Judging Dread

      Do you ever have a moment where you wake from a dream and hear some lingering voice or cry in your bedroom with you?  I’m not claiming I’m the only one.  I know I have no special dreaming abilities.  I can’t lucid dream and I certainly can’t get myself out on a nightmare once I realise I’m trapped in one.  I do, very occasionally, snore myself awake.  Yes, it appears even when it comes to my dreams, I’m a pretty harsh critic of my work.
     Last night I woke up and thought I heard something.  It wasn’t some death rattle whispering in my ear or the snarl of the latest beast I'd left alone in the labyrinth.  No, it was something both far more normal and far more horrifying.  I think I heard someone come home and kick their barking dog to shut it up.  That’s what woke me up.  If I didn’t dream it.  There are a few people with dogs around here and it was hot last night.  We had the windows open.  Which always makes it tricky for me to sleep.  
     With the windows open, there’s…well, there’s a window of opportunity.  Or that’s what it feels like.  You have maybe half an hour to get to sleep, before the show starts outside.  Footsteps shuffling to a front door.  Someone sneaking out for a smoke and getting caught.  People turning on their TVs and stereos.  I remember, years ago, realising the guy over the road was watching True Romance at about one in the morning and then realising where he was in the movie.  Which told me exactly how long he had left.
     There are people around here with dogs.  They’re outnumbered by the cat slave people, but there are some definite dog people too.  Only none of them look like the type who would kick their dogs quiet.  Still, I’m sure that’s what I heard.  An innocent whining cry.  We all know the sound.  It’s fear and confusion.  It’s panic and pain.  Short and sharp.  You can picture the dog cringing, recoiling away from a swung boot as it connects.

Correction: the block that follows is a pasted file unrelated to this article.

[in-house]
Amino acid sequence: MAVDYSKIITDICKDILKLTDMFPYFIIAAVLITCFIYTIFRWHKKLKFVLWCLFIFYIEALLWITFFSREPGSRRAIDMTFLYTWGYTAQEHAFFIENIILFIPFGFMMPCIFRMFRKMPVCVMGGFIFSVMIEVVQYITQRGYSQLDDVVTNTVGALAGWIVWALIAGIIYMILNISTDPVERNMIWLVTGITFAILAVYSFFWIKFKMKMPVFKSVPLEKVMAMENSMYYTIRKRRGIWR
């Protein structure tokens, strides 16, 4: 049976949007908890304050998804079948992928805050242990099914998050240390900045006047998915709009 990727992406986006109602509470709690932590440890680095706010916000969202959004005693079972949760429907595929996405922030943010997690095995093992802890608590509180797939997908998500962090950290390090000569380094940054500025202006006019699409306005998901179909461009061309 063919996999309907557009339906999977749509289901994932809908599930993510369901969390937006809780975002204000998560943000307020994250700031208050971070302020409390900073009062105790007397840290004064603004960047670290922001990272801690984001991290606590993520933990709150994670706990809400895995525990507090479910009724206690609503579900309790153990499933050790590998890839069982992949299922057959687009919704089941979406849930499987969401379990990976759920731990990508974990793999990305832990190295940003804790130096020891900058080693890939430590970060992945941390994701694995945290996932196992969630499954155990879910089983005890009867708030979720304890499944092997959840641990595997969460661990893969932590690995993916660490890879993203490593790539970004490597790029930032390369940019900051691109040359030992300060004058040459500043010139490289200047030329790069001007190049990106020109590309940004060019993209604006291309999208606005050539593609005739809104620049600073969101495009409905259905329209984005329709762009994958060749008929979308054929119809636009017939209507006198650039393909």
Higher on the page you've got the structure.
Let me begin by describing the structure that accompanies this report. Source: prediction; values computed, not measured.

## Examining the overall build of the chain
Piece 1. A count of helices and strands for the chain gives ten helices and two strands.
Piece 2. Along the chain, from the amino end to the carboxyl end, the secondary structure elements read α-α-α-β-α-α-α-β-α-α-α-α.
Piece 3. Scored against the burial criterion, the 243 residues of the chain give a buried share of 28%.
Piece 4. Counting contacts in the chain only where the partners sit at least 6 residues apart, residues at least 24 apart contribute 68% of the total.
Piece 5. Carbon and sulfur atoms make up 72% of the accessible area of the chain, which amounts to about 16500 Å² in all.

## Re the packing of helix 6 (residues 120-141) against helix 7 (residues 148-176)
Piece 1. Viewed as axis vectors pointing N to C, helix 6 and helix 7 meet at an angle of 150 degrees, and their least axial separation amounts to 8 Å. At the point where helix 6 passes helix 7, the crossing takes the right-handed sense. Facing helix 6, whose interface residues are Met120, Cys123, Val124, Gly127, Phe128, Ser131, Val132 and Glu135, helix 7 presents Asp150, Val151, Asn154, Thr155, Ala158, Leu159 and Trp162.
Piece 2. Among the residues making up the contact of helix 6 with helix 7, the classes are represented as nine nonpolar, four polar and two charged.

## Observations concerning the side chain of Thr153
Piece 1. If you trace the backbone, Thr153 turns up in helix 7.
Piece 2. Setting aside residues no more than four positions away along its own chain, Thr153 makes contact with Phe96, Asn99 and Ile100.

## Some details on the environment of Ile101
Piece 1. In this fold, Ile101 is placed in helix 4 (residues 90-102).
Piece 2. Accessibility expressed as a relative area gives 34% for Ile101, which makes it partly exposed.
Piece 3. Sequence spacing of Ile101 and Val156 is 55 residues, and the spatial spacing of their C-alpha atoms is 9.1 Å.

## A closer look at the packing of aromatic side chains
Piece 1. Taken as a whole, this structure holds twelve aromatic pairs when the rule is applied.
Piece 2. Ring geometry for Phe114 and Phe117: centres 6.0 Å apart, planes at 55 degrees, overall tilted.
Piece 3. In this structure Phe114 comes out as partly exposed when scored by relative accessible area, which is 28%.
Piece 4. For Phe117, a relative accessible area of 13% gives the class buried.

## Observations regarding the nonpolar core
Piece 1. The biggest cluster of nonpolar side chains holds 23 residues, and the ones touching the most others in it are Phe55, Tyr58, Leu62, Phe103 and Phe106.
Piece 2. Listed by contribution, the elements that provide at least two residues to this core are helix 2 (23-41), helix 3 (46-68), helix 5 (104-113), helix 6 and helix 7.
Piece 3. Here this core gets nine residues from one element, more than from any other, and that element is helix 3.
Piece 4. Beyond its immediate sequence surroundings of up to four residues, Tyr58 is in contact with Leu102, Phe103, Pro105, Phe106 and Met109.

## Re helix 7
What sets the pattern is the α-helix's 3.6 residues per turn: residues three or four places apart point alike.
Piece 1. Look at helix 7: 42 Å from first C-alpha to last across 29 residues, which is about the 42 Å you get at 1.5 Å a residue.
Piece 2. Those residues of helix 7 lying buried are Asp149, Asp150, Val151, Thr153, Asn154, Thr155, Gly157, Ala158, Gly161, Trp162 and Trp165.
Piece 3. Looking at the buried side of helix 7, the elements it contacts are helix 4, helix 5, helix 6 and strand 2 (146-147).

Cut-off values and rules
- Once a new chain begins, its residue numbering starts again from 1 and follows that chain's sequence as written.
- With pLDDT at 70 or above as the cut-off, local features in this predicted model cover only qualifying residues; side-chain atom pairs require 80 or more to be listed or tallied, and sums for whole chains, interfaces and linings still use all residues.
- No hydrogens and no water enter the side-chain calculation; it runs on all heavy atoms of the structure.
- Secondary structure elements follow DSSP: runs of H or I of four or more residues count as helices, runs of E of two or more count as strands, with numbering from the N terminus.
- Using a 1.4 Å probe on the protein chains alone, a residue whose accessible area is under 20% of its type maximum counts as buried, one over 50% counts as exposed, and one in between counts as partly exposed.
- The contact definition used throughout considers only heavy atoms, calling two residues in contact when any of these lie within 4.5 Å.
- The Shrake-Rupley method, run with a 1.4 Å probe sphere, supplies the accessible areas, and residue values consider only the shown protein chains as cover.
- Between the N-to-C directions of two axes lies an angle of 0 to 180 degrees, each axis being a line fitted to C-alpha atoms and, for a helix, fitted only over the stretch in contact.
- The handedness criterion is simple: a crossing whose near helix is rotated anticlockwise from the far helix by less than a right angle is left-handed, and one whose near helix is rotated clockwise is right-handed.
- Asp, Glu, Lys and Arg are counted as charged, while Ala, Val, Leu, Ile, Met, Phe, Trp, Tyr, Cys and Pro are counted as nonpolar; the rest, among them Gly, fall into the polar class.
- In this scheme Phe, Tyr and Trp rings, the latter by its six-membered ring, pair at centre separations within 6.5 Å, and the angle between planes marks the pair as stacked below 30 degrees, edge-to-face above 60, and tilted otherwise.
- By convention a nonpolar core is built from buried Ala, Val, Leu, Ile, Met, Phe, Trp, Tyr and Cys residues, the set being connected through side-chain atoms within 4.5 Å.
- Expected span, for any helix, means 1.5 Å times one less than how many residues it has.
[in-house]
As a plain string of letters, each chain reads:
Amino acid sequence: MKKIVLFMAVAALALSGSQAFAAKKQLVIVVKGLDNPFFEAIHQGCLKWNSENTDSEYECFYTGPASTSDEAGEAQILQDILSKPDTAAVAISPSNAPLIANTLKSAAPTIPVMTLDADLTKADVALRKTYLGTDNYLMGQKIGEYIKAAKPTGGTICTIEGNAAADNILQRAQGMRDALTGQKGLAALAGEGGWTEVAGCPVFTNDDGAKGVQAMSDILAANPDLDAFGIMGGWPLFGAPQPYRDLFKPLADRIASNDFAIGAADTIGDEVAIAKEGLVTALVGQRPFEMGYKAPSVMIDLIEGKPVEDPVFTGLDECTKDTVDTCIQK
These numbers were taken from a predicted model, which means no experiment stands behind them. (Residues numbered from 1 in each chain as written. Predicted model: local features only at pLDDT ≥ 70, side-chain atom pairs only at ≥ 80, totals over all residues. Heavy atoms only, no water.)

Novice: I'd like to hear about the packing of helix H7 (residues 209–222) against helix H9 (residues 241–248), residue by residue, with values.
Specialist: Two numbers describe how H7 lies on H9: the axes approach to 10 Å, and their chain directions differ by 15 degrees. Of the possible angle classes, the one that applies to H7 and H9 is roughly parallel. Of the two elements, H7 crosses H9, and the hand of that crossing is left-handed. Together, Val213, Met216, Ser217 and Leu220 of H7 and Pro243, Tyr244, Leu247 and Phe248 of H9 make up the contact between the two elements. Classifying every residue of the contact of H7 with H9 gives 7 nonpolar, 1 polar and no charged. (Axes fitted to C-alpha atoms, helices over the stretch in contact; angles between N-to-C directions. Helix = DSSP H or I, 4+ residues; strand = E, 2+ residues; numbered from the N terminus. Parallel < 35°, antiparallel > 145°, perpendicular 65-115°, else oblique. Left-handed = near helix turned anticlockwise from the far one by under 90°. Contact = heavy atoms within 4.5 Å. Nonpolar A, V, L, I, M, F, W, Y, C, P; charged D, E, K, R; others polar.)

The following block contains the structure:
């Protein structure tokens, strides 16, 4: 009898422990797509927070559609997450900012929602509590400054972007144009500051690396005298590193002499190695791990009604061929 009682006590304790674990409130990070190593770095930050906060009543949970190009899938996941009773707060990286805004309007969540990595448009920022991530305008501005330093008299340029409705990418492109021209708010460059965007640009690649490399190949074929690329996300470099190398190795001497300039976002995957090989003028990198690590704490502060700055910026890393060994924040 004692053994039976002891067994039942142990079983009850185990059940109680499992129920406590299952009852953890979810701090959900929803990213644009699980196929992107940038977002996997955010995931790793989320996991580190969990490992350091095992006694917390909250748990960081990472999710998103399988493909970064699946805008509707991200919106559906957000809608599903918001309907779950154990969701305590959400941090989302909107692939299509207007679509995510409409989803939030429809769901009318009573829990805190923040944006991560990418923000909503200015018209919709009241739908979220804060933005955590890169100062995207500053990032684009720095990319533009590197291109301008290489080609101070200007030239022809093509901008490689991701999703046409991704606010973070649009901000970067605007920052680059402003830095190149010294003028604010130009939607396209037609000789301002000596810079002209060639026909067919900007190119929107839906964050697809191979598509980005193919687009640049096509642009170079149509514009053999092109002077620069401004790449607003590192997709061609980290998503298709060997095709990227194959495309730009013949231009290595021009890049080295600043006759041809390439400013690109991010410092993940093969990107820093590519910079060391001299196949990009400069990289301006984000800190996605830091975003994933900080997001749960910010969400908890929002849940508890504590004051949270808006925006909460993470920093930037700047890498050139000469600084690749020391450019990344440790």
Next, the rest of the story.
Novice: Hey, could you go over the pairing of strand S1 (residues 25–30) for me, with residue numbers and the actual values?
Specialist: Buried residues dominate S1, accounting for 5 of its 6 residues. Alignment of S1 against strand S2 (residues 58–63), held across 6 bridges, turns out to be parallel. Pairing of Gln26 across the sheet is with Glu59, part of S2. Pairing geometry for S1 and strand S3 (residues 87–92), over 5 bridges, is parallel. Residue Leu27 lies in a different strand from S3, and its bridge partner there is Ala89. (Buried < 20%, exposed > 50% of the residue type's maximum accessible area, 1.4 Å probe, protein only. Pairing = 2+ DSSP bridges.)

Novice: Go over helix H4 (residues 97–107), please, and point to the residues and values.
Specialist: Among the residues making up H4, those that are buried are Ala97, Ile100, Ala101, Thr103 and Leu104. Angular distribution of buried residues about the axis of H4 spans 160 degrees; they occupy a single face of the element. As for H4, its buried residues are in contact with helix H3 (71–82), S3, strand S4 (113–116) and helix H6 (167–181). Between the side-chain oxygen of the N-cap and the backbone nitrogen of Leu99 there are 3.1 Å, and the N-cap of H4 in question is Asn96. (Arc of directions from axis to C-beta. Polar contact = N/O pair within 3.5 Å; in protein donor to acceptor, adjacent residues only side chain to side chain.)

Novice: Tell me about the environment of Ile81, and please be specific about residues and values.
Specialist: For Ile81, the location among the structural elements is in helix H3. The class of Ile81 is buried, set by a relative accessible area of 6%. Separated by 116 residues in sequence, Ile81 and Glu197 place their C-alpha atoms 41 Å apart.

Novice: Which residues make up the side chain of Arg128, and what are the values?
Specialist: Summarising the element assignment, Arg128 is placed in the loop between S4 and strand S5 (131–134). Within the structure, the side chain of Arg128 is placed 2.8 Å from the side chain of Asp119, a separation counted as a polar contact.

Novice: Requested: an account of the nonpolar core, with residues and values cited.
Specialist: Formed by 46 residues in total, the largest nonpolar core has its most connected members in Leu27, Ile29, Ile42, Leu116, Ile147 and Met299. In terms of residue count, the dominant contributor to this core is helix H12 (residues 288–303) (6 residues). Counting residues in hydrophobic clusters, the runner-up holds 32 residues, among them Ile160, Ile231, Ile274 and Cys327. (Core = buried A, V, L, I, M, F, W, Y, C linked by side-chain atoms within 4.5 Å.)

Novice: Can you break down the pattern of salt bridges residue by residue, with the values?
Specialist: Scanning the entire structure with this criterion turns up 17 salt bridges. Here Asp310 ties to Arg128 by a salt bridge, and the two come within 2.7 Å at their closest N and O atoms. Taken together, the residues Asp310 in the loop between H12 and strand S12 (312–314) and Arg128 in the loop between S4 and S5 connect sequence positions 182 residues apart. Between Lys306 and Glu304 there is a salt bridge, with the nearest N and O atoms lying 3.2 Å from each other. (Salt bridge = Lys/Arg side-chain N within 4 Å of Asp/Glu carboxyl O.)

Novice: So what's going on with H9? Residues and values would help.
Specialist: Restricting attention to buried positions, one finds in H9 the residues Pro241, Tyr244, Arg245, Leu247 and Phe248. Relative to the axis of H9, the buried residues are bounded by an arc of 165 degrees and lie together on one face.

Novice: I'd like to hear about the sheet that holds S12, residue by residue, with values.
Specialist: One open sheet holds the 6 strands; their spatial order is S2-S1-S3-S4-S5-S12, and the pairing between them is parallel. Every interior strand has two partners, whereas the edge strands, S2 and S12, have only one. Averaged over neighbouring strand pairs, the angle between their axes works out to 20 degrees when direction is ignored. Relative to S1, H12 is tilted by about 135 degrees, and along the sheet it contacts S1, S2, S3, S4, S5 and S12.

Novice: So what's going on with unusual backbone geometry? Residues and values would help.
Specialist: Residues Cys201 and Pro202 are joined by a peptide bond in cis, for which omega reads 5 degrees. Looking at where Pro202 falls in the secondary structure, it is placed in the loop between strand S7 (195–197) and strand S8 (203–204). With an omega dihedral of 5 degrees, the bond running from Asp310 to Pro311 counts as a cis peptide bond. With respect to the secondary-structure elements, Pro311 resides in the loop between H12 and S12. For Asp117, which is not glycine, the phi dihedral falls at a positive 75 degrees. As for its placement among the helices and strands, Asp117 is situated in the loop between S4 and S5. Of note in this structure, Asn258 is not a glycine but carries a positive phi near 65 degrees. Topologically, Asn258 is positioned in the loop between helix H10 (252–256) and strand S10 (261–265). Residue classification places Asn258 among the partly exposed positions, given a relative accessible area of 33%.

There was a definite menace in the silence that followed.  I don’t think I heard a front door close, which makes me wonder if I heard anything at all.  Still, that silence pressed down on me.  It wouldn’t let me close my eyes.  I wasn’t scared.  I wasn’t fearing for my own safety.  My sleep, maybe; but not my safety.  I lay there and waited for a violent encore.  Raised voices.  Doors slamming shut.  Glass smashing.  Or, worse, laughter.
     Nothing else happened.  I lay there.  My eyes wide open.  My ears unable to rest in case they were caught off guard by the second act. That quick moment of cruelty had changed things.  It had made the night feel potentially flammable.  It was as if someone had poured fuel and was searching for a match.  Or maybe there had been a gas leak.  The very air itself ready to ignite at the first sign of a spark.
     Flat on my back, head pressed against the pillow, it struck me how quickly the everyday can become a source of dread.  A couple of Decembers ago, in London, we were riding the tube and I saw a guy get up and head for the door whilst leaving a bag behind.  My first thought wasn’t that guy’s forgotten his bag.  My first thought was clear, simple and incredibly selfish.  So this is how it happens.  A moment later, he doubled back and collected it.  Still, from then on, my nerves were on high alert.  Every bag treated gently by its owner appeared suspicious.  Every quiet person staring anxiously around the carriage made me want to move into the next one, whilst I tried to work out the blast radius in a tunnel.